Alison Goulding: Muffin top or black death?

Lunch box

Lunch box

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MANY adults wouldn’t accept eating the same things day in, day out, so why should children?”

So says the aptly named Rachel Cooke, spokesperson for the The British Dietetic Association (BDA).

With a new school term round the corner, The BDA is doling out some “handy hints” on healthy packed lunches.

Here’s another bold statement: “Packed lunches can be exciting and full of healthy options and variety.”

Clearly they never viewed any of my packed lunches. It’s safe to say my mum never got any memo about “excitement” and “variety”.

My school years were dominated by Marmite sandwiches, apples and Trio bars.

I’ve trawled my memory, but I honestly can’t remember anything else ever making it into the final round-up.

Either that or my mum would give me £1 in the car to spend in one of the two school cafeterias.

One was named The Light Bite and one was given an unrepeatable nickname that indicated it sold slightly less healthy food.

The truth is they were both as horrible as each other.

Am I complaining? Not at all. In this lunatic day and age we have forgotten what my mum knew without even thinking – food is fuel.

It doesn’t need to be fancy, or composed of sesame seeds or nine different vitamins. It needs to fill the child up so it can run around all afternoon and shove other kids about in the sandpit.

It’s wrong to give kids Wotsits for their tea, but it’s just as bad to make parents feel awful if they don’t furnish their sprogs with an exotic fruit salad and a hand-crafted panini every day.

Who’s got the time and more importantly, the money, to go on like that?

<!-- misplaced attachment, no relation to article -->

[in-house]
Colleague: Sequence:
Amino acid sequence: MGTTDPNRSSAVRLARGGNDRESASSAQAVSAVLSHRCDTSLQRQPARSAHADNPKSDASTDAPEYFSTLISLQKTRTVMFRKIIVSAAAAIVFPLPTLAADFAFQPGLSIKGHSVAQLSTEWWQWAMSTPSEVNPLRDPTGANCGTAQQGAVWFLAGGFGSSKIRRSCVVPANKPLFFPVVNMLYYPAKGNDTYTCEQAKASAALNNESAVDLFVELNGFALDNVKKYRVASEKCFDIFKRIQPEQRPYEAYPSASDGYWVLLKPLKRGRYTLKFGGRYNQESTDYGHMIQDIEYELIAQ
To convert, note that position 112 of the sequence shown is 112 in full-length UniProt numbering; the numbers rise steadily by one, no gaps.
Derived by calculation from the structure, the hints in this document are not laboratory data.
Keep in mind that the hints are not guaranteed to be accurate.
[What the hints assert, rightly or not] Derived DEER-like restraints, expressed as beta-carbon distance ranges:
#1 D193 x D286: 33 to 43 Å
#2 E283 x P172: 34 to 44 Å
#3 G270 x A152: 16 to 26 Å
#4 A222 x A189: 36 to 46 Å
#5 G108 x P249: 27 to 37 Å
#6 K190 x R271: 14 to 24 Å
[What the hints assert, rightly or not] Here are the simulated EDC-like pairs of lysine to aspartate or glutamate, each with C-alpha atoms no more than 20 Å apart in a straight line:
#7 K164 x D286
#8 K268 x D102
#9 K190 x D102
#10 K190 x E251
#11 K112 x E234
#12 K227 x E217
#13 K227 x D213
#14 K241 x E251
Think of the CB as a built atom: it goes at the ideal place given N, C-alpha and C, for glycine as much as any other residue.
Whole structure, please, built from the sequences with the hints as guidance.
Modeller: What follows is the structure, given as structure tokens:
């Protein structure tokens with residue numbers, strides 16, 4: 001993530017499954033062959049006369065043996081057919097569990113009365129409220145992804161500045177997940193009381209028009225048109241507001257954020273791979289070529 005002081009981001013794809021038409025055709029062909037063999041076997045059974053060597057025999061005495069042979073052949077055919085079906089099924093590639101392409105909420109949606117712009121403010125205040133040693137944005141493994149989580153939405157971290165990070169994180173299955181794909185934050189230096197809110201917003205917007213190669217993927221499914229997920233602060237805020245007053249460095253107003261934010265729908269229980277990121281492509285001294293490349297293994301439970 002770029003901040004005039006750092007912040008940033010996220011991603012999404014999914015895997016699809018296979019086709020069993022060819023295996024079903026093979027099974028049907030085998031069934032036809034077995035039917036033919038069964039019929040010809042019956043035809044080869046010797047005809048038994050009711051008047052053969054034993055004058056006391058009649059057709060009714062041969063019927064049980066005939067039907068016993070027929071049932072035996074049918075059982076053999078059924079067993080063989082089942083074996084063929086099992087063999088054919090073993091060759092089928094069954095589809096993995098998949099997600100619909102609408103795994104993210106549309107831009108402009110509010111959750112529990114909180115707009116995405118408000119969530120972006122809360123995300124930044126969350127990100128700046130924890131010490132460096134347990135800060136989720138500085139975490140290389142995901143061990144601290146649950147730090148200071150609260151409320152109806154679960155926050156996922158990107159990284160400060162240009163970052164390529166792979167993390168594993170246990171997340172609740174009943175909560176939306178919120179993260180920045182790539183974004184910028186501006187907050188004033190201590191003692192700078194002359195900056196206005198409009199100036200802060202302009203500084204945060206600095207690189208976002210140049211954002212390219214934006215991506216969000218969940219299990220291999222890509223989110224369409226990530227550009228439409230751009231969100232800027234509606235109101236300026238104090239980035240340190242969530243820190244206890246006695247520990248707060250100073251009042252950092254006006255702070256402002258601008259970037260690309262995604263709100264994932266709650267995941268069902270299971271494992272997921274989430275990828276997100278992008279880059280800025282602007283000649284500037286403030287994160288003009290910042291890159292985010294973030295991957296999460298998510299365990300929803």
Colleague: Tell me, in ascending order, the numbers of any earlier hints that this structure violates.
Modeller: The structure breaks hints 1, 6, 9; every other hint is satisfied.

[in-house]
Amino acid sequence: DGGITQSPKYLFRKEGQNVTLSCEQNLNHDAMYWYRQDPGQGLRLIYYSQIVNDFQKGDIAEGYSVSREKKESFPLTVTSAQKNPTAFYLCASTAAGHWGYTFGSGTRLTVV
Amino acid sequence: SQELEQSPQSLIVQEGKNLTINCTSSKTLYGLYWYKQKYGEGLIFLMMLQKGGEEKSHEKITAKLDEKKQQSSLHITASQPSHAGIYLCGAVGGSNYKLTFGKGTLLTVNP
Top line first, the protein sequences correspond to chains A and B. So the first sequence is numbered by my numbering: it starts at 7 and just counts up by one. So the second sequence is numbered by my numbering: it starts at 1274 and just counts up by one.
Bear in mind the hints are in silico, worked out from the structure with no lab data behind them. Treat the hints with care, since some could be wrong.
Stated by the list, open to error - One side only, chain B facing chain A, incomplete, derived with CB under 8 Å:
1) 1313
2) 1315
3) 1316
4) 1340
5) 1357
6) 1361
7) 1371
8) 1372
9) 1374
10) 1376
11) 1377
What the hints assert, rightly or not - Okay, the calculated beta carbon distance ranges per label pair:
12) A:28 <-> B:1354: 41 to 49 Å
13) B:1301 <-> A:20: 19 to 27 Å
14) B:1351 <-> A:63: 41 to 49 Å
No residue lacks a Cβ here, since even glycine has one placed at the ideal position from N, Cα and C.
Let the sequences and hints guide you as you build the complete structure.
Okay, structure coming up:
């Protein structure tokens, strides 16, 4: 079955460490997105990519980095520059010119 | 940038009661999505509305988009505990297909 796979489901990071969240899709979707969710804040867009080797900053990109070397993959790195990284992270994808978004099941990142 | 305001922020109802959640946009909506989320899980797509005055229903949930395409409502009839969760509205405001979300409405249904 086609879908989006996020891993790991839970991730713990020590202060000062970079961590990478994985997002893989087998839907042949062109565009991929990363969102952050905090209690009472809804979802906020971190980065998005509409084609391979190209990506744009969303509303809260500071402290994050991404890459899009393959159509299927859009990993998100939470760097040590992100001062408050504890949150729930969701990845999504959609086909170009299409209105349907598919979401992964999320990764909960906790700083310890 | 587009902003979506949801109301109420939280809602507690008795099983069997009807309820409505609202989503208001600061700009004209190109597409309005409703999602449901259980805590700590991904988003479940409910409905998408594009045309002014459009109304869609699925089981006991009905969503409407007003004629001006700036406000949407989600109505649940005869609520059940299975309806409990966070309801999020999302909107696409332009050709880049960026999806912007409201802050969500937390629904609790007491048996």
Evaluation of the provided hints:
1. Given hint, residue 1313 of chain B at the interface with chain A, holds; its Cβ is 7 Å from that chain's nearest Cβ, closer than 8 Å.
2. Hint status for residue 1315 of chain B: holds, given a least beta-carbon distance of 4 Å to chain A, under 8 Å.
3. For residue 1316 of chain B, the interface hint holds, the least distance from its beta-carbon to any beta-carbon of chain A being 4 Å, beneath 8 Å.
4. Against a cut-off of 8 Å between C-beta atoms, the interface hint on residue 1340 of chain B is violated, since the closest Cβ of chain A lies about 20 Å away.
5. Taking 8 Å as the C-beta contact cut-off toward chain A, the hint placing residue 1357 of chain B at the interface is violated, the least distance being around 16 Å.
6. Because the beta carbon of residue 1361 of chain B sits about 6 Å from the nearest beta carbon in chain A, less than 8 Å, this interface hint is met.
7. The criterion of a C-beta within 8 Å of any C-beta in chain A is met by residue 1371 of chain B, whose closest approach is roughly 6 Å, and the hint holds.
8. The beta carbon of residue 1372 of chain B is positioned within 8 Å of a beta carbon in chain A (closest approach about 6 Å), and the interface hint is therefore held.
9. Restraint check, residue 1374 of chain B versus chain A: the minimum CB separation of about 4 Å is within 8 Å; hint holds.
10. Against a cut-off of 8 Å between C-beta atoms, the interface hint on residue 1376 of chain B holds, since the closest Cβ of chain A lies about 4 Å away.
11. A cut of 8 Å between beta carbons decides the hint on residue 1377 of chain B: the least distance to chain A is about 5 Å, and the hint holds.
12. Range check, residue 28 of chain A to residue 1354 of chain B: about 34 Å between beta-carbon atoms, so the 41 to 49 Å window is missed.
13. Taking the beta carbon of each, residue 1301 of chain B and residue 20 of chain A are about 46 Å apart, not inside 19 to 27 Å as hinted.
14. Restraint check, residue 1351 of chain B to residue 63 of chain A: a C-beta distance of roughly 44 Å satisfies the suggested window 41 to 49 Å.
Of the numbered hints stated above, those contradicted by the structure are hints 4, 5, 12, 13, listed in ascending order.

My friend told me the other day that her daughter came home from school after a “healthy eating day” and burst into tears at the sight of a cupcake. She thought her mum was trying to poison her.

The advice given to parents these days just seems impossible to me.

I imagine it is pretty difficult to get most children to eat any fruit or veg, never mind five pieces a day.

Parents are expected to go to absurd lengths to trick their children into eating foodstuffs that are notorious for being sprayed with pesticides, wax and goodness knows what else.

Every era has its big problems and one of ours seems to be obesity.

Personally, I’d prefer to be morbidly overweight than contending with some of the forerunners: The Black Death, the Irish Potato Famine and typhus make a muffin-top look like a walk in the park.

By the way, I never, ever, ate the apple that my mum put in my lunch. Not once. I fed it to the horse I walked past on the way home.

As an adult I’ve never struggled with my weight and I eat a balanced diet which I put largely down to the fact that no one ever made a massive fuss about what I should or shouldn’t be putting in my cakehole.

Give them some sandwiches and let them figure it out – kids aren’t as daft as we pretend they are.